New research examines New York, Chicago, and Philadelphia systems in order to understand what plays into bike share use, and how these factors vary by race/ethnicity and income.
In 2017, researchers at Portland State University published “Breaking Barriers to Bike Share: Insights from Residents of Traditionally Underserved Neighborhoods.” Funded in part by the Better Bike Share Partnership (BBSP) and the National Institute for Transportation and Communities (NITC), the study focused on bike share systems in New York, Chicago, and Philadelphia. From 2015 to 2017, researchers surveyed target bike share users and non-users to better understand what barriers and potential motivators exist to getting lower-income residents and people of color using bike share.
These three cities were chosen because they were all targeted by BBSP efforts aimed at making local bike share systems more equitable. Each city undertook various activities, including ambassador programs, group rides, bike riding classes, targeted advertising, discounts for lower-income residents, and, in Chicago and Philadelphia, cash payment options.
The research focused on distributing surveys to three primary stakeholders, including bike share owners and operators, residents, and bike share users. Operators were asked about equity policies and metrics, as well as barriers to adoption amongst underserved populations and challenges to addressing those barriers. Residents were surveyed according to neighborhood, with a focus on low-income and nonwhite areas that have already been targeted by BBSP-funded work. Bike share users were also surveyed in order to better understand what efforts might have influenced their behavior.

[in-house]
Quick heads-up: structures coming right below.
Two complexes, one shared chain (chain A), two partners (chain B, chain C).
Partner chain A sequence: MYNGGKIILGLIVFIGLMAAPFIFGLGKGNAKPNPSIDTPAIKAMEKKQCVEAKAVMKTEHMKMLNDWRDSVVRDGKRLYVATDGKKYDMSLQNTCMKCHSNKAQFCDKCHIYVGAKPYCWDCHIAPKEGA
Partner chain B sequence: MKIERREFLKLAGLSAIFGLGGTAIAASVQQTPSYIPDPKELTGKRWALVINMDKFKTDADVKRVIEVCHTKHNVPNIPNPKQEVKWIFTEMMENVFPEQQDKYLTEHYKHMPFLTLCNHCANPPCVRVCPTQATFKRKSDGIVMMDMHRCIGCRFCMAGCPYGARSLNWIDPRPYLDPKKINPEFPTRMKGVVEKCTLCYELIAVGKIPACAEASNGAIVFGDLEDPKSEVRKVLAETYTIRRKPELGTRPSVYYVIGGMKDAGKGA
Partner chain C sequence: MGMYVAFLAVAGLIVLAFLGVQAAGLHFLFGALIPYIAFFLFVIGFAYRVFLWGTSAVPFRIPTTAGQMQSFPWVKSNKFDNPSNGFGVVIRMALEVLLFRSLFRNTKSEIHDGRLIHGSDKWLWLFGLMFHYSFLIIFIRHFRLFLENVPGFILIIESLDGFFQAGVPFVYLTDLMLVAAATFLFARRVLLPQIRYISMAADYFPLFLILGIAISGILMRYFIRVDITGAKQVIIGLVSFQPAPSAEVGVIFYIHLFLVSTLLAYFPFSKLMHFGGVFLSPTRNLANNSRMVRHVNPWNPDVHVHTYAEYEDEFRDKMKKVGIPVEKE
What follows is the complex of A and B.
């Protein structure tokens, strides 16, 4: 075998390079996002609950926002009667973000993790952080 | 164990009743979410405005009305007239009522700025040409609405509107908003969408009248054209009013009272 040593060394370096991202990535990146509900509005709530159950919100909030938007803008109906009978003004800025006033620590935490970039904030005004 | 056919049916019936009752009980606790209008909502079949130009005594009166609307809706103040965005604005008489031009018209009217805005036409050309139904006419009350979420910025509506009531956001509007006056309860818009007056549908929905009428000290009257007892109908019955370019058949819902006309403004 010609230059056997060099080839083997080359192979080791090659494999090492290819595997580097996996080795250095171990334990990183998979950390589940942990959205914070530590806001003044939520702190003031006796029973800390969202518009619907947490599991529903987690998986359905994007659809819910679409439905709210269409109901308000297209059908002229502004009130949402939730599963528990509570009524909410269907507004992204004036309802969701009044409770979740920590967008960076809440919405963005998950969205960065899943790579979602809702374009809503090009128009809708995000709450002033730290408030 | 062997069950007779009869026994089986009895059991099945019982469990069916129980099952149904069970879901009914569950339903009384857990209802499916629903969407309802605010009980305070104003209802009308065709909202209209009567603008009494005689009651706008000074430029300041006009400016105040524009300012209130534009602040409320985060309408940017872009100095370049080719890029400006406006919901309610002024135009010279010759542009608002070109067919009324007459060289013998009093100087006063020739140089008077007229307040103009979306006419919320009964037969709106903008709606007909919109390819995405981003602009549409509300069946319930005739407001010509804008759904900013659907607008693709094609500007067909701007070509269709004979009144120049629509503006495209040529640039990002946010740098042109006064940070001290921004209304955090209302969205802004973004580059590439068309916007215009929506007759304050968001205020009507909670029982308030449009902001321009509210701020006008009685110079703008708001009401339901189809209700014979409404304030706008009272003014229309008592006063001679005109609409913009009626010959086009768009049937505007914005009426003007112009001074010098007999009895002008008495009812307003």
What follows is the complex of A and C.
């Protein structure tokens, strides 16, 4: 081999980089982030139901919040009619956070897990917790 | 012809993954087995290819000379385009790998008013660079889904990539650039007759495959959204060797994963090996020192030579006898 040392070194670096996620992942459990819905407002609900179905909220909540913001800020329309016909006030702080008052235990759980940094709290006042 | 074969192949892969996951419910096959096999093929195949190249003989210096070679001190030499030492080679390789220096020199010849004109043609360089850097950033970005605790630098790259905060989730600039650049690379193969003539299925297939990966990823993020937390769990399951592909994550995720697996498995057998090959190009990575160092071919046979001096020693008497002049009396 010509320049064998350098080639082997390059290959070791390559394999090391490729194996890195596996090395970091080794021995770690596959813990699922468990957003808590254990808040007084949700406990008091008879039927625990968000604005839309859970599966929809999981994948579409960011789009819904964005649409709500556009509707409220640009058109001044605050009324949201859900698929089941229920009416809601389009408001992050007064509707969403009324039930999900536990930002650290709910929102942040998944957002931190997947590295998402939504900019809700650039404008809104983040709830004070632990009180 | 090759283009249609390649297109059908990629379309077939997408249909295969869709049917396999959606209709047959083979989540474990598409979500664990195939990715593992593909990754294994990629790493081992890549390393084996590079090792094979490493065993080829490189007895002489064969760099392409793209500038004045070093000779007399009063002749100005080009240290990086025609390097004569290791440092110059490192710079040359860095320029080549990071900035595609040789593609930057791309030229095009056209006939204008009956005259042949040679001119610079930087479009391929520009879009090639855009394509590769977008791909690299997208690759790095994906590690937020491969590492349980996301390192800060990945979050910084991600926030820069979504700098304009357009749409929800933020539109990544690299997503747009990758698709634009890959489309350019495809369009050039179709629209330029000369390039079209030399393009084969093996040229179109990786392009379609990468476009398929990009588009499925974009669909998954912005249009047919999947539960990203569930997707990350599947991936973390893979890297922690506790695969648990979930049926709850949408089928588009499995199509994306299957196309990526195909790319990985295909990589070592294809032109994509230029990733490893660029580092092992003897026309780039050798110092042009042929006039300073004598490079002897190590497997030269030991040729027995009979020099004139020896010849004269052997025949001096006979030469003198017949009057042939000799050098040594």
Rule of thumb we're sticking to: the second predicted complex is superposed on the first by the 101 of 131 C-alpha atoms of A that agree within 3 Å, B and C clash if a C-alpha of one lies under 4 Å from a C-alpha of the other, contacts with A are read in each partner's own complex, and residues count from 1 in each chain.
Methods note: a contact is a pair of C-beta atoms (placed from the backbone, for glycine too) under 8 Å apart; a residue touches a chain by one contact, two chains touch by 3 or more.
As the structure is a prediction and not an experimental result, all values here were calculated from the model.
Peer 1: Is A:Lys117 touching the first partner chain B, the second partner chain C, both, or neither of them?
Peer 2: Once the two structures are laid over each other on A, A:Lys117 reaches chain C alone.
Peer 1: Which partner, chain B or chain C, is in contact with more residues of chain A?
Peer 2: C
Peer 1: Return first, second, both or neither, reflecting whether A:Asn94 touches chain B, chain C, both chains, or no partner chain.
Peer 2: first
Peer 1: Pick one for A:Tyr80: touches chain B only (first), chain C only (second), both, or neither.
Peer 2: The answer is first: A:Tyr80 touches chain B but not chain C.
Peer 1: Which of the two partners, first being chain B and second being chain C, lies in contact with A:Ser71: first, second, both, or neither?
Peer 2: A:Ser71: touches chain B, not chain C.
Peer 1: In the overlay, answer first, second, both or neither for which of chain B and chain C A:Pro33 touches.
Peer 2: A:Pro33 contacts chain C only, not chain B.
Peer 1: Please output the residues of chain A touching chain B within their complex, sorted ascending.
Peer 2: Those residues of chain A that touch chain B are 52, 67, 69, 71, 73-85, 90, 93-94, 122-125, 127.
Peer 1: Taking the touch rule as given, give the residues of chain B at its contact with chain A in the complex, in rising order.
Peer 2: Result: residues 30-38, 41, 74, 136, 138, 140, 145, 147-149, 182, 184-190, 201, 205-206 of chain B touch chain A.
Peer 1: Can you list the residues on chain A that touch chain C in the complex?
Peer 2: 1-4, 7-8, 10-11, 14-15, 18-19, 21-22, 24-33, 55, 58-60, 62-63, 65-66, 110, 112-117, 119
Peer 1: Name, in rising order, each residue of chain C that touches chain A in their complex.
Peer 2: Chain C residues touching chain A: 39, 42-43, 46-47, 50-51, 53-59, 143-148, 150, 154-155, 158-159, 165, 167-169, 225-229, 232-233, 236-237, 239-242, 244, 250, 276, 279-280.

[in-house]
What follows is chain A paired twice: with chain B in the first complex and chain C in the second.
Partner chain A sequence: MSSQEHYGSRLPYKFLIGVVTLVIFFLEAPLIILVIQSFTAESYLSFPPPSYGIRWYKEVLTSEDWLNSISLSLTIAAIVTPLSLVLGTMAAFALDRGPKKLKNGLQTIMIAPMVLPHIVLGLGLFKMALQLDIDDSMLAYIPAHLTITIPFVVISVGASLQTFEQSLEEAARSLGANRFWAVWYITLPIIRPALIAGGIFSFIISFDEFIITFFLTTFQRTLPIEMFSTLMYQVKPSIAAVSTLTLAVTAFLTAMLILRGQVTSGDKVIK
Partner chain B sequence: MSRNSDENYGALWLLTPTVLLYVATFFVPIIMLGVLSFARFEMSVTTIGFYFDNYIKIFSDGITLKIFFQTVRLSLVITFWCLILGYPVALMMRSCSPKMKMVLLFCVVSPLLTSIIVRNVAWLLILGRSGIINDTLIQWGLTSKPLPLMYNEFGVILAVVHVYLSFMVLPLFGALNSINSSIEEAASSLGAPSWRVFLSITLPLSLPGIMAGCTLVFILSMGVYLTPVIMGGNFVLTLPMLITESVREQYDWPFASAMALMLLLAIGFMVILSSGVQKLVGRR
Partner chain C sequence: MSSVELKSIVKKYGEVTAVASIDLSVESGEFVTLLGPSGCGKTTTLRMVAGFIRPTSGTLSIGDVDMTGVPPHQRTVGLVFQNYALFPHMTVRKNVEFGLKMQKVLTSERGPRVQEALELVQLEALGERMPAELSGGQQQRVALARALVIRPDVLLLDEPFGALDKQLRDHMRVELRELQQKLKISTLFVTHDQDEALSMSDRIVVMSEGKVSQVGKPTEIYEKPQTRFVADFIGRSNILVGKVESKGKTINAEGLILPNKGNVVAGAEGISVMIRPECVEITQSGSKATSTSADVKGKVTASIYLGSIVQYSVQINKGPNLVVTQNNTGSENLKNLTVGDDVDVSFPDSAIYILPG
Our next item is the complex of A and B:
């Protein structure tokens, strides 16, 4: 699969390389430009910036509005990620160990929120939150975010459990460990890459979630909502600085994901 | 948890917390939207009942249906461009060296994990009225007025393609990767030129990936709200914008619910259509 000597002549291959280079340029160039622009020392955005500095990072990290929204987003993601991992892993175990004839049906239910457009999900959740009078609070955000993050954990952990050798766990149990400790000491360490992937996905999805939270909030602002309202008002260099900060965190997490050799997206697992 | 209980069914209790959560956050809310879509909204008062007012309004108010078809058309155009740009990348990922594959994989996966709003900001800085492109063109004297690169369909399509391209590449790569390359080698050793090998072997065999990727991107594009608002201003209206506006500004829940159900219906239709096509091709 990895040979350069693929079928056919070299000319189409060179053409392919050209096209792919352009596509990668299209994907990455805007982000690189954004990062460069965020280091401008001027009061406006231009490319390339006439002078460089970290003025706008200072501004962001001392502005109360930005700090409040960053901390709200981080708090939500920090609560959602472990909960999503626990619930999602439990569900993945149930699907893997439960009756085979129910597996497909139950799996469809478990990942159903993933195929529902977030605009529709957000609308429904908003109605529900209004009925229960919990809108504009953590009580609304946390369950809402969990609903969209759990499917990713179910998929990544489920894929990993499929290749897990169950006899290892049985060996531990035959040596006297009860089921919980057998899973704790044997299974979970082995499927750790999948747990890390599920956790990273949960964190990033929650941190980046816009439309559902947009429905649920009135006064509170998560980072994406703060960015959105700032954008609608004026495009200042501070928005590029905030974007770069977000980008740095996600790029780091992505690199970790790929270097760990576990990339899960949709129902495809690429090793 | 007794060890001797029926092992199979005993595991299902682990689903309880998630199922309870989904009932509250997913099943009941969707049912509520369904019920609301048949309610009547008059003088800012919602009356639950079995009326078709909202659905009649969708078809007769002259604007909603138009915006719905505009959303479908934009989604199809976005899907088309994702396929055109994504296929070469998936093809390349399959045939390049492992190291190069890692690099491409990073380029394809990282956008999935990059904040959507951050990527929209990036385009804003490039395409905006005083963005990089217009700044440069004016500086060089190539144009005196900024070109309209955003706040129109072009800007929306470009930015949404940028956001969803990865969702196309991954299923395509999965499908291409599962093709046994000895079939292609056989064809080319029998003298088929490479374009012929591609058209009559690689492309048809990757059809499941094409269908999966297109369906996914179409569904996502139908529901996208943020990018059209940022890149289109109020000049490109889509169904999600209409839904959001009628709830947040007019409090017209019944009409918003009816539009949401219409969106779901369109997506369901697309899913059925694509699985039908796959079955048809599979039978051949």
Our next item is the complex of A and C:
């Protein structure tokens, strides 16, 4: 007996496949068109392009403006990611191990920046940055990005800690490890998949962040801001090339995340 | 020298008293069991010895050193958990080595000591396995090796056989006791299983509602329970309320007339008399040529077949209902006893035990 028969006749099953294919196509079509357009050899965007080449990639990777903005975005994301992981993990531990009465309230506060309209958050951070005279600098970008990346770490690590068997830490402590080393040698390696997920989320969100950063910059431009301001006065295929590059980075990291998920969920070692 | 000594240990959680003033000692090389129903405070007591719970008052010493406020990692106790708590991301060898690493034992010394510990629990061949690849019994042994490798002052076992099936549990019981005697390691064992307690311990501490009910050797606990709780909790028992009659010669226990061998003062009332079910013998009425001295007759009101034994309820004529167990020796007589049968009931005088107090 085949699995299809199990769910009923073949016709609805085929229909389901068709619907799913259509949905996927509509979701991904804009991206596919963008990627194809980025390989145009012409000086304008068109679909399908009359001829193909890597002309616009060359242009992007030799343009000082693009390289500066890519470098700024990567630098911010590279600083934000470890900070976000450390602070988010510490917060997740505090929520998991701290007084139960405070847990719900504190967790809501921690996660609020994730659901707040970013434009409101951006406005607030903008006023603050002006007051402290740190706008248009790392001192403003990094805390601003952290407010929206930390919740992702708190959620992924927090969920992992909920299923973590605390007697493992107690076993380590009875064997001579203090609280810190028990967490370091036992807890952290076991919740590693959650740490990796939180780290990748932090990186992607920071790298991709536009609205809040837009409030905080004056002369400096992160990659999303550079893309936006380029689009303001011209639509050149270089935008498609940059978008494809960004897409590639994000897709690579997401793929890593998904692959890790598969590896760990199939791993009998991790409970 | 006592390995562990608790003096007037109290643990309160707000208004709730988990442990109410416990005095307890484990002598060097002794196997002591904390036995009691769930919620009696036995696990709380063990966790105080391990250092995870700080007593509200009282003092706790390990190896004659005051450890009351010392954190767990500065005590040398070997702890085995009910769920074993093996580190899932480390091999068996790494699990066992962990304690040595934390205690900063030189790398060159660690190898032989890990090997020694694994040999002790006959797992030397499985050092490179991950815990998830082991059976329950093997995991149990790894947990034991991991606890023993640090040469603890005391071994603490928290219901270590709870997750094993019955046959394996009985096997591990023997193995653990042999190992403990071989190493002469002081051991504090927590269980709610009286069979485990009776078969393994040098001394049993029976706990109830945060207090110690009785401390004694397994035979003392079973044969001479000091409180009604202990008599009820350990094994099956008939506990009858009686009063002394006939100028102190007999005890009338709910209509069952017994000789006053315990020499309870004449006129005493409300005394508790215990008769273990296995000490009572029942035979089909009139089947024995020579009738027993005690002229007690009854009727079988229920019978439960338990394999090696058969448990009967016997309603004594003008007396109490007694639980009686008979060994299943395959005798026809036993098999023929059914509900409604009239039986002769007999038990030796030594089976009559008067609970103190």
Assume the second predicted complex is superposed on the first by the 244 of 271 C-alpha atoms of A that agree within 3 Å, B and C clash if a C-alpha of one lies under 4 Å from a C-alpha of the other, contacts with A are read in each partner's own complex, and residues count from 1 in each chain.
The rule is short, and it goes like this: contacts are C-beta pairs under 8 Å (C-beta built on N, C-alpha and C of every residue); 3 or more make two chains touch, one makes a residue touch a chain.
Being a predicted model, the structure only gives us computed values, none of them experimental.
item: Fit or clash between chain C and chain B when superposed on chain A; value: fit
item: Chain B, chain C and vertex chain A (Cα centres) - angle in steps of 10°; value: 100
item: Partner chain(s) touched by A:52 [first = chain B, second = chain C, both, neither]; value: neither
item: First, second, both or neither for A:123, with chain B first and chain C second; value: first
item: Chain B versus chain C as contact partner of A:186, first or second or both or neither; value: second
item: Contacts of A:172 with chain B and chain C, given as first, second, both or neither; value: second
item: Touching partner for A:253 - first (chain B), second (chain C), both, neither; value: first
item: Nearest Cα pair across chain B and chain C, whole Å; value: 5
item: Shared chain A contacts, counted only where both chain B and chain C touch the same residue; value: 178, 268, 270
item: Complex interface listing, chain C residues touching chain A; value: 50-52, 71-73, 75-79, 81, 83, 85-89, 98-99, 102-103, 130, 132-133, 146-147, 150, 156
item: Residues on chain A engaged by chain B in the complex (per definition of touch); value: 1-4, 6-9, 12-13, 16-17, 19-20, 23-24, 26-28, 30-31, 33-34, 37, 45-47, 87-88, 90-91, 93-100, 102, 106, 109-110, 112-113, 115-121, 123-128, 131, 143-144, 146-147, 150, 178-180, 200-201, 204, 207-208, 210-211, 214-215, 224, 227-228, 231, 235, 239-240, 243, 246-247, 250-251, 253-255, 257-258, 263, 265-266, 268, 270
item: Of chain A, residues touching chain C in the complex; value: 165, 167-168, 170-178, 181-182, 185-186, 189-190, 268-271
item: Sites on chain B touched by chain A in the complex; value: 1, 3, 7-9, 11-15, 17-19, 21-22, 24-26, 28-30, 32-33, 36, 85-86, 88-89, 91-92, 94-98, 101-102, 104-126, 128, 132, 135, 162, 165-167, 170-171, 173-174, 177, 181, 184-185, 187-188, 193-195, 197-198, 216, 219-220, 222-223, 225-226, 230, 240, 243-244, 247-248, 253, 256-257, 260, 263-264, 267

The resulting deliverables were extensive and have continued to yield new insights, even five years later. This month, the Portland State University (PSU) researchers associated with that initial study — Nathan McNeil, John MacArthur, Jennifer Dill, and Joe Broach — published “Factors Influencing Bike Share Among Underserved Populations: Evidence From Three U.S. Cities.” This new article uses data from the initial study to understand what factors influence the use of and interest in bike share among traditionally underserved populations in the U.S., and how these factors vary by race/ethnicity and income.
In the literature review, the authors emphasize evidence that lower-income and people of color do not use bike share as much as higher-income and white populations. While demographics have definitely begun to shift in the last few years, the most recent NABSA State of the Industry Report showcases how ridership remains primarily comprised of white, high-income earners. The literature review also delves into more detail as to some of the known barriers preventing lower-income and people of color from bicycling. Based on this existing research, the PSU team developed a conceptual model to test the various factors that could influence the decision to use bike share.
Looking at the model, it’s clear that a whole slew of things go into determining whether or not someone is going to use bike share (and that all of those factors have the potential to interact in different ways). For the low-income, minority communities studied, researchers found the following to be true:
- For people of color, recreation is a bigger motivator to use bike share than utility.
- Interactive sources of information — for example, community events or in conversations with bike share ambassadors — may be effective at increasing people’s use of bike share.
- Interactive sources of information — again, things that traditionally fall under the “community engagement” bucket — may not be reaching people of color.